Among the primary sites for Pritika Chowdhry’s project were Jallianwala Bagh memorial and Minar-e-Pakistan
As a socio-political, feminist artist, who has witnessed the generational effects of India's partition, Pritika Chowdhry has devoted her art practice to examine traumatic geopolitical events. In 2007, on the 60th anniversary of the division of British India, Chowdhry started the Partition Memorial Art Project. It uses art to tell the story of how a border was hurriedly drawn on religious lines, and comprises anti-memorials, which are sculptural installations that intentionally question public monuments dealing with colonial massacres, declarations of independence and the suppression of independence. The ongoing site-specific, research-based art project interrogates the role of public monuments in the formation of collective memory, urging people to look at the many truths that make up a historical event. "The anti-memorials, which are quietly provocative and temporary, incorporate visceral materials, and create experiential environments where viewers can be vulnerable with unbearable and difficult memories," says Chowdhry, who chooses, for instance, to explore sexual violence against women in war, something that the original memorials do not represent.
The project includes a series of exhibitions, each covering a different aspect of the Partition. Her latest, Broken Column: Monuments of Forgetting, is an anti-memorial that triangulates public monuments in India, Pakistan, and Bangladesh, through artistic interventions. It also juxtaposes the counter-memories of the Partition of India, and the Bangladesh Liberation War in 1971. The primary sites for her research were Jallianwala Bagh memorial in Punjab, Minar-e-Pakistan in Lahore, and Martyred Intellectuals monument in Rayer Bazar, Dhaka.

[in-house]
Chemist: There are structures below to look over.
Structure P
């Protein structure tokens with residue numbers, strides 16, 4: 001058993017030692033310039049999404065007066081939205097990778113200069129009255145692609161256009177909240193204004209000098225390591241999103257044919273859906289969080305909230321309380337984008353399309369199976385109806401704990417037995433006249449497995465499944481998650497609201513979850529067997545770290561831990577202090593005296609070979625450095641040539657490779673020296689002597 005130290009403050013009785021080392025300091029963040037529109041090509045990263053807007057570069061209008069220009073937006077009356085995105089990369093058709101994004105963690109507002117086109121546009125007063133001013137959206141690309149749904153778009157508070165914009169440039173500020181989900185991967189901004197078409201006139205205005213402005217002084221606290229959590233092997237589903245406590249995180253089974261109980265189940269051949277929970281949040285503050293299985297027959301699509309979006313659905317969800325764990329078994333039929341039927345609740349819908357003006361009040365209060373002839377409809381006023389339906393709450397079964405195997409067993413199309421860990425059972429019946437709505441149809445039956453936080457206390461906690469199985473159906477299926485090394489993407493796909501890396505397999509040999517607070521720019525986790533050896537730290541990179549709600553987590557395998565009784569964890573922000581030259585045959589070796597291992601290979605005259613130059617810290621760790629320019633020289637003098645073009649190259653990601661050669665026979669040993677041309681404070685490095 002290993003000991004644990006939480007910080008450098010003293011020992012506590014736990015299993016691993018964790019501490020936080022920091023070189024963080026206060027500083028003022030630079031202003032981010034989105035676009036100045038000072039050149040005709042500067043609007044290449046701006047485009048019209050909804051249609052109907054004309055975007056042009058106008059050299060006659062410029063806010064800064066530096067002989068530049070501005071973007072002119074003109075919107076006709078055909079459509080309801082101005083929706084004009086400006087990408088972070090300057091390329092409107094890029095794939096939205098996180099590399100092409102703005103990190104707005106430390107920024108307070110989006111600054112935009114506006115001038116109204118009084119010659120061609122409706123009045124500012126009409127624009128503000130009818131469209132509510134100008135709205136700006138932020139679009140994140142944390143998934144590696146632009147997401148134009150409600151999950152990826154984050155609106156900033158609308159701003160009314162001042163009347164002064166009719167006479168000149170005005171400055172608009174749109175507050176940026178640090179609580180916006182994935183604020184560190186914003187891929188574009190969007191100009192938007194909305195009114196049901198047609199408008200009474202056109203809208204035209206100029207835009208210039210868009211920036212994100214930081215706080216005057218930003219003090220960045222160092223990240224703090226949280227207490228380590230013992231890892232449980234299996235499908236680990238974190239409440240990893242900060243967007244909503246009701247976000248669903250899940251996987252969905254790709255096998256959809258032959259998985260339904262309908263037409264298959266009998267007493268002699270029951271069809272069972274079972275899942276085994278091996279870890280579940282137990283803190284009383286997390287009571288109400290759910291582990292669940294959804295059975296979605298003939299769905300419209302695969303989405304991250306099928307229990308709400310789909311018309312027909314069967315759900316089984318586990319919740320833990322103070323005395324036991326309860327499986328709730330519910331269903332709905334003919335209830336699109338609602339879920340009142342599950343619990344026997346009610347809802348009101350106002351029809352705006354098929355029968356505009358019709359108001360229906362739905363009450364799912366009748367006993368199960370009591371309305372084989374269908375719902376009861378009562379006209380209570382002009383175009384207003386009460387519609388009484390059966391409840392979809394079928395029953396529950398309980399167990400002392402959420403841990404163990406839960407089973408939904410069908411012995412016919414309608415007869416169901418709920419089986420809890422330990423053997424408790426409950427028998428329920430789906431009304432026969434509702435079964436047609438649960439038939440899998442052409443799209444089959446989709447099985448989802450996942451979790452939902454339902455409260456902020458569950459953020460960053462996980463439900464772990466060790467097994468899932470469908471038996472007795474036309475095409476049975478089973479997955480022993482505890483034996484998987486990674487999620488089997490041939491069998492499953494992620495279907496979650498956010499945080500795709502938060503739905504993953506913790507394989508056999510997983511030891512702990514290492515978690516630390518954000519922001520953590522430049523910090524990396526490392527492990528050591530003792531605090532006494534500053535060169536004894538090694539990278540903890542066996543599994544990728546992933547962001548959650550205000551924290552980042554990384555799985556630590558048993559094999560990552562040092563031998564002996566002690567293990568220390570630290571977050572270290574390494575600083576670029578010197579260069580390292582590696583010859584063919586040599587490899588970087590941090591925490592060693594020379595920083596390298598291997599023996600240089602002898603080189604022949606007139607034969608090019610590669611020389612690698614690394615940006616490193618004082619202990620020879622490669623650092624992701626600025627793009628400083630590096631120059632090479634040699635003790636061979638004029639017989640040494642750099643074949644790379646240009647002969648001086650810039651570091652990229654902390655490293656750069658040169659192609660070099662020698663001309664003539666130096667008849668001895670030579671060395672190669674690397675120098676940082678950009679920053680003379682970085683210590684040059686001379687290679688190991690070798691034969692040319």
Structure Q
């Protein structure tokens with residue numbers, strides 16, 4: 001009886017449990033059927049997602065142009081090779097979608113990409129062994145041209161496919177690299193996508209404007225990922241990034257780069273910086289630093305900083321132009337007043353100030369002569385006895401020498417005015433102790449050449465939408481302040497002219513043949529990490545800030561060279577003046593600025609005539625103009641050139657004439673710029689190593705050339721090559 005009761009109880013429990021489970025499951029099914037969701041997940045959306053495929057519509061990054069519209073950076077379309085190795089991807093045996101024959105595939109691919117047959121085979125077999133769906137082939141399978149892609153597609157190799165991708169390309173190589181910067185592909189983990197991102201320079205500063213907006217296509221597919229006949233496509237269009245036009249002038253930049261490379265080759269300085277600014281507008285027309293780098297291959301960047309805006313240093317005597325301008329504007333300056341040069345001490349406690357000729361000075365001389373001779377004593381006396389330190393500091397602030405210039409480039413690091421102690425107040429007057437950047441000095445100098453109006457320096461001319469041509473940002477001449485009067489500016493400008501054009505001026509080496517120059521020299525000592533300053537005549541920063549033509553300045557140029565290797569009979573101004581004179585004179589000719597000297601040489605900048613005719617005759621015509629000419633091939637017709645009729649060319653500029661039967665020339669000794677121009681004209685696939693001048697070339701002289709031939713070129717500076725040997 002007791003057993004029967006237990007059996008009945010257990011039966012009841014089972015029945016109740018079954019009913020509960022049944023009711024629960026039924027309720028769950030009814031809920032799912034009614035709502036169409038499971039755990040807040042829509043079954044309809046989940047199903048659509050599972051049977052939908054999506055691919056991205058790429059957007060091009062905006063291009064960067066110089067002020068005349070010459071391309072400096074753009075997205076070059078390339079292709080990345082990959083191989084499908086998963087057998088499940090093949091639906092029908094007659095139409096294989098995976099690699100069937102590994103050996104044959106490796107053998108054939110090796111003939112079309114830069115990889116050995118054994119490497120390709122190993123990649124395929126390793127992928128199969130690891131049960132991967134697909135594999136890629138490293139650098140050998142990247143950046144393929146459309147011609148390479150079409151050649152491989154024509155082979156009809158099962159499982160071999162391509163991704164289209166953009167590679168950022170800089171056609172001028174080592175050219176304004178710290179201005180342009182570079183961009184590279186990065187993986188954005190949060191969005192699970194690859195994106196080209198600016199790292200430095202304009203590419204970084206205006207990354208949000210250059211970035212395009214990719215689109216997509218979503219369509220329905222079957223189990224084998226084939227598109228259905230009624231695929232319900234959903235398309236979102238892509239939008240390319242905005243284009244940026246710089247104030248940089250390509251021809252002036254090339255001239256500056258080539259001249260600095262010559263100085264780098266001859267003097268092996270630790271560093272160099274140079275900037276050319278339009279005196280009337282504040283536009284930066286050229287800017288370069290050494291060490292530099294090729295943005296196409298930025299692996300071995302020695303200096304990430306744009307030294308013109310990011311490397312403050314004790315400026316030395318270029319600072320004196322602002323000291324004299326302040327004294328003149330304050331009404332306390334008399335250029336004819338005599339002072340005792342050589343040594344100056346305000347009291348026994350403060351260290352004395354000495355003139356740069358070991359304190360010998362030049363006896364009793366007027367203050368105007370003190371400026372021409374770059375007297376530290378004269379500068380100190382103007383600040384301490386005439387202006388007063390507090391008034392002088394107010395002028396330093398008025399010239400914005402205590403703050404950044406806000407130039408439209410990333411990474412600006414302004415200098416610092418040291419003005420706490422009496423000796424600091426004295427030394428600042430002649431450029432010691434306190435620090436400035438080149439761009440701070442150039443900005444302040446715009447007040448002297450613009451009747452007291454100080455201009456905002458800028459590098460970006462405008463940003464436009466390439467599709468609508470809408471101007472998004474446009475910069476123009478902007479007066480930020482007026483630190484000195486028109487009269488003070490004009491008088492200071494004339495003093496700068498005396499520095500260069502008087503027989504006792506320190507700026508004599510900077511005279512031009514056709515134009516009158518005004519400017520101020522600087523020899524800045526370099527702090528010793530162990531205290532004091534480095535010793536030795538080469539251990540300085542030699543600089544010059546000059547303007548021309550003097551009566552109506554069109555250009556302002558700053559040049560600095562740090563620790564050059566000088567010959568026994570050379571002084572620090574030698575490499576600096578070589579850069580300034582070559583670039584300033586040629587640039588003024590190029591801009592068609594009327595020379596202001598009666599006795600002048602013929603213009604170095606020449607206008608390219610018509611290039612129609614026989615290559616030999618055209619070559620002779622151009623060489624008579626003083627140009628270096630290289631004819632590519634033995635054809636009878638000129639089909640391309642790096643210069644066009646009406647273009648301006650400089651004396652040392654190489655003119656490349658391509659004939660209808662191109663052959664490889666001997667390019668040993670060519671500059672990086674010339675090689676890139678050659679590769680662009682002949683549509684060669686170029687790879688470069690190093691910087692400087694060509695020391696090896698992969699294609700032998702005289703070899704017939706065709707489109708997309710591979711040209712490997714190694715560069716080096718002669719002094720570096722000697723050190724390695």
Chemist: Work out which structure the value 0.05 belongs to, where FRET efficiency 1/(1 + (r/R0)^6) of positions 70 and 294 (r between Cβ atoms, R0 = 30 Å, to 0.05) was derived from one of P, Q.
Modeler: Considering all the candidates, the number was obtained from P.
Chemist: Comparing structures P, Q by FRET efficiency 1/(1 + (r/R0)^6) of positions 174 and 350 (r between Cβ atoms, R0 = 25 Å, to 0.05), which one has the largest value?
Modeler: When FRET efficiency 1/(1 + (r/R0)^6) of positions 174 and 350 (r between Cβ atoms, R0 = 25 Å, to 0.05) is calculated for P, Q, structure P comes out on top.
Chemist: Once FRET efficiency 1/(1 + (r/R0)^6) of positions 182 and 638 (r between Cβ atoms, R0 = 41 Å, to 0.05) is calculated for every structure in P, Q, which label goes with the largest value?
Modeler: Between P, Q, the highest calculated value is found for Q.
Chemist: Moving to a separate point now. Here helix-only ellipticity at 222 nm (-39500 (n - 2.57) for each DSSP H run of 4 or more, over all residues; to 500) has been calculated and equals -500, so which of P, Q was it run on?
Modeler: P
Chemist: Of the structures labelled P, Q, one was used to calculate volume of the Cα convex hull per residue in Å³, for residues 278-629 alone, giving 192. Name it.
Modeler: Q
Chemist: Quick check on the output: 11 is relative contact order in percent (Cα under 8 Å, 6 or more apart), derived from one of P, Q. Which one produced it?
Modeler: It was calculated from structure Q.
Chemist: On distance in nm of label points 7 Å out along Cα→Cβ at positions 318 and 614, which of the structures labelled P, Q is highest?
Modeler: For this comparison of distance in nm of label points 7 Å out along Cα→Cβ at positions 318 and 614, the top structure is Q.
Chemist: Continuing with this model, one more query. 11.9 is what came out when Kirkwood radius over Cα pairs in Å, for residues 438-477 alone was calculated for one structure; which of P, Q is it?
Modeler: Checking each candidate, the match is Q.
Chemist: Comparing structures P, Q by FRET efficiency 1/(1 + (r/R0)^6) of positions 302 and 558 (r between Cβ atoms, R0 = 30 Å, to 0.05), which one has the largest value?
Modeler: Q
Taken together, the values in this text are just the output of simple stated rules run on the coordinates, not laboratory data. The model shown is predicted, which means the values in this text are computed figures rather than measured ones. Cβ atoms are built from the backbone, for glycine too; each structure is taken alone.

"For the Broken Column anti-memorial, I have made latex and silicone casts of the stairs, walls, doors, and ornaments, capturing details and textures of intimate spaces within the larger architecture of monuments. The silicone and latex casts are like the âskin' that make the âbody' of the monument accessible in a corporeal manner," she says.
Each location took a few weeks to create, recalls Chowdhry, who embarked on the project in 2011, when she first travelled to Lahore to make the cast for Minar-e-Pakistan. "Getting permission from local authorities to make the cast of monuments has been the most difficult and challenging part of this project. I needed to travel to specific cities, and source materials locally, and stay on the site to make the casts."
WHAT: Broken Column: Monuments of Forgetting
WHEN: Till mid-April